Objectives There are growing data and a continuing controversy over the efficacy of folic acid supplementation in stroke prevention. We conducted a meta-analysis based on relevant, up-to-date published randomised trials to further examine this issue.
Methods Relative risk (RR) was used to measure the effect of folic acid supplementation on risk of stroke with a fixed-effects model.
Results Overall, folic acid supplementation reduced the risk of stroke by 8% (n=55, 764, RR: 0.92, 95% CI 0.86 to 1.00, p=0.038). In the 10 trials with no or partial folic acid fortification (n=43 426), the risk of stroke was reduced by 11% (0.89, 0.82–0.97, p=0.010). Within these trials, a greater beneficial effect was observer among trials with a lower percent use of statins (<80% (median), 0.77, 0.64–0.92, p=0.005), and a meta-regression analysis also suggested a positive dose-response relationship between percent use of statins and log-RR for stroke associated with folic acid supplementation (p=0.013). A daily dose of 0.4–0.8 mg folic acid appeared to be adequate for stroke prevention in comparison with larger doses. In the remaining 5 trials conducted in populations with folic acid fortification (n=12 338), folic acid supplementation had no effect on stroke risk (1.03, 0.88–1.21, p=0.69).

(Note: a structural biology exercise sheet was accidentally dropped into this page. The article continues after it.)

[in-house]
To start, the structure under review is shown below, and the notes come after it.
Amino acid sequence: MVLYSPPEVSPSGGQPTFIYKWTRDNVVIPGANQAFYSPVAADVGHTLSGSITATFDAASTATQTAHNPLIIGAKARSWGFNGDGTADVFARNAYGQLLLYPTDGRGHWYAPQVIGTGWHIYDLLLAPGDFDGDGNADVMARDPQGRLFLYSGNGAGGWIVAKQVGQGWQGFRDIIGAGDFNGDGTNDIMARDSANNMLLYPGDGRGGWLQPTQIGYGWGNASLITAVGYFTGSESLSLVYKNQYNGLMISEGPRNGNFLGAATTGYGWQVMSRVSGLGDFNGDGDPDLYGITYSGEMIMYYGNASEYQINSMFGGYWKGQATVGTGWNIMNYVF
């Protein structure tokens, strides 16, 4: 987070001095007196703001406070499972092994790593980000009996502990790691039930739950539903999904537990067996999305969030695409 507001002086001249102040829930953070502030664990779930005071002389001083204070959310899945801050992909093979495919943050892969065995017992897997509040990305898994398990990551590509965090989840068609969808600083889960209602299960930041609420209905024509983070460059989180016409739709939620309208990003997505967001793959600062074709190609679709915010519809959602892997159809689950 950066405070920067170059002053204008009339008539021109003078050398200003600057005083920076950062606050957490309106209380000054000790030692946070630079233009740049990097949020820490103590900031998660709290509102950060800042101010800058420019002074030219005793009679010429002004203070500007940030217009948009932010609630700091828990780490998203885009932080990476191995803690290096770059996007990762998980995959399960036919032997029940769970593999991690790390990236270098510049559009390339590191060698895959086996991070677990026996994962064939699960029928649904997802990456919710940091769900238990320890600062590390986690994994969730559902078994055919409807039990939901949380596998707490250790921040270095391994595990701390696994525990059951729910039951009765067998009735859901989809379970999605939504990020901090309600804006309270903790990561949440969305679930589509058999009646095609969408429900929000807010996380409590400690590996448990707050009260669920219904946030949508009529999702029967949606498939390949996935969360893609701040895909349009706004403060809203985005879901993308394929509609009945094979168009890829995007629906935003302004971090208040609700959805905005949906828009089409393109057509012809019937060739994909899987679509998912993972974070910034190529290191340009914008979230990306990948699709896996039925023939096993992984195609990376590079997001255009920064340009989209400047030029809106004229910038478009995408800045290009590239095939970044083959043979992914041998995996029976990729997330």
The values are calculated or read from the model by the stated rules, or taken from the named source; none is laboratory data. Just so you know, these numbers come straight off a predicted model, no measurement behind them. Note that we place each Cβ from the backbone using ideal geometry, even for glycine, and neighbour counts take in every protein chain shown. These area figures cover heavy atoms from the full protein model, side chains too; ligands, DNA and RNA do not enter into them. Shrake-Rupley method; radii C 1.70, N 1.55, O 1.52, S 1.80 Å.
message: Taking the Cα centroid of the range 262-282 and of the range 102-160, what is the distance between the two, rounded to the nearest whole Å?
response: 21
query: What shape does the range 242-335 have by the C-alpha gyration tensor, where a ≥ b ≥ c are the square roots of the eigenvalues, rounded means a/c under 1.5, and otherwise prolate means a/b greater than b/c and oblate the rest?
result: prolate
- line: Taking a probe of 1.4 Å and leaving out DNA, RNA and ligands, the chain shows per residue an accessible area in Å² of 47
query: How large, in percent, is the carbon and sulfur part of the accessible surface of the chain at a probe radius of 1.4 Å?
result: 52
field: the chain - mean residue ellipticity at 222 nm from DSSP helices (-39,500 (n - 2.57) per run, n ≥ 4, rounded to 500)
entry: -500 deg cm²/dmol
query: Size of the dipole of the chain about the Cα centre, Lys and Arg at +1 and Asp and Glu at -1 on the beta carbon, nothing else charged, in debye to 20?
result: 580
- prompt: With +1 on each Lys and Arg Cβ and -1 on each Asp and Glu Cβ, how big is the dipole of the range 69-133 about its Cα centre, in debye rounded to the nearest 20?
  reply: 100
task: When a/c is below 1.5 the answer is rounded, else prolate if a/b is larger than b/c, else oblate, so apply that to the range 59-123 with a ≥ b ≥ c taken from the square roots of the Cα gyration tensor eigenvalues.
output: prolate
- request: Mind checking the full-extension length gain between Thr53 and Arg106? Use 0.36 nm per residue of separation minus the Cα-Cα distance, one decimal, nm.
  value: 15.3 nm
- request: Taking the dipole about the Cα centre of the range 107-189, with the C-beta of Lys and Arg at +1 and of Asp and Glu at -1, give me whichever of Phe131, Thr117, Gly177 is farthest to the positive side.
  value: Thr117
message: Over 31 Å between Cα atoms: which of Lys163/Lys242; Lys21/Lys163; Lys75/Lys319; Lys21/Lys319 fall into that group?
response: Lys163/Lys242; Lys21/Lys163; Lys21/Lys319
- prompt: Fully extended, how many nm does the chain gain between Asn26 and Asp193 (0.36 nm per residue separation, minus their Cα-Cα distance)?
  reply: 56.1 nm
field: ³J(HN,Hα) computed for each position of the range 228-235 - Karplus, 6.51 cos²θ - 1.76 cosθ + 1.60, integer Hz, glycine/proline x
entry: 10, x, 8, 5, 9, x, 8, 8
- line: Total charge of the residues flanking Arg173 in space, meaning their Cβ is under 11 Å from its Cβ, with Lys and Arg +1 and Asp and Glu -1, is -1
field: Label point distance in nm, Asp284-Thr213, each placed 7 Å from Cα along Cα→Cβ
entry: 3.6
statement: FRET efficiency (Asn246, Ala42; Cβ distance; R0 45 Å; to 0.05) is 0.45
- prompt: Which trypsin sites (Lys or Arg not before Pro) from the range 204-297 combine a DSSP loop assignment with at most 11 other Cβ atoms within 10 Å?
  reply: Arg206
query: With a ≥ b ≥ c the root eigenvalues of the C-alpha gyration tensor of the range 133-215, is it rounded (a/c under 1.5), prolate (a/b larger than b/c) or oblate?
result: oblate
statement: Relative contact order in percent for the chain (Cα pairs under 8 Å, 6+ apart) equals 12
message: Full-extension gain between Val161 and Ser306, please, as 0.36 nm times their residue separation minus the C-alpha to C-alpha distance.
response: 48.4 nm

Conclusions Our analysis indicated that folic acid supplementation is effective in stroke prevention in populations with no or partial folic acid fortification. Additionally, a greater beneficial effect was observed among trials with a lower percent use of statins. Our findings underscore the importance of identifying target populations that can particularly benefit from folic acid therapy.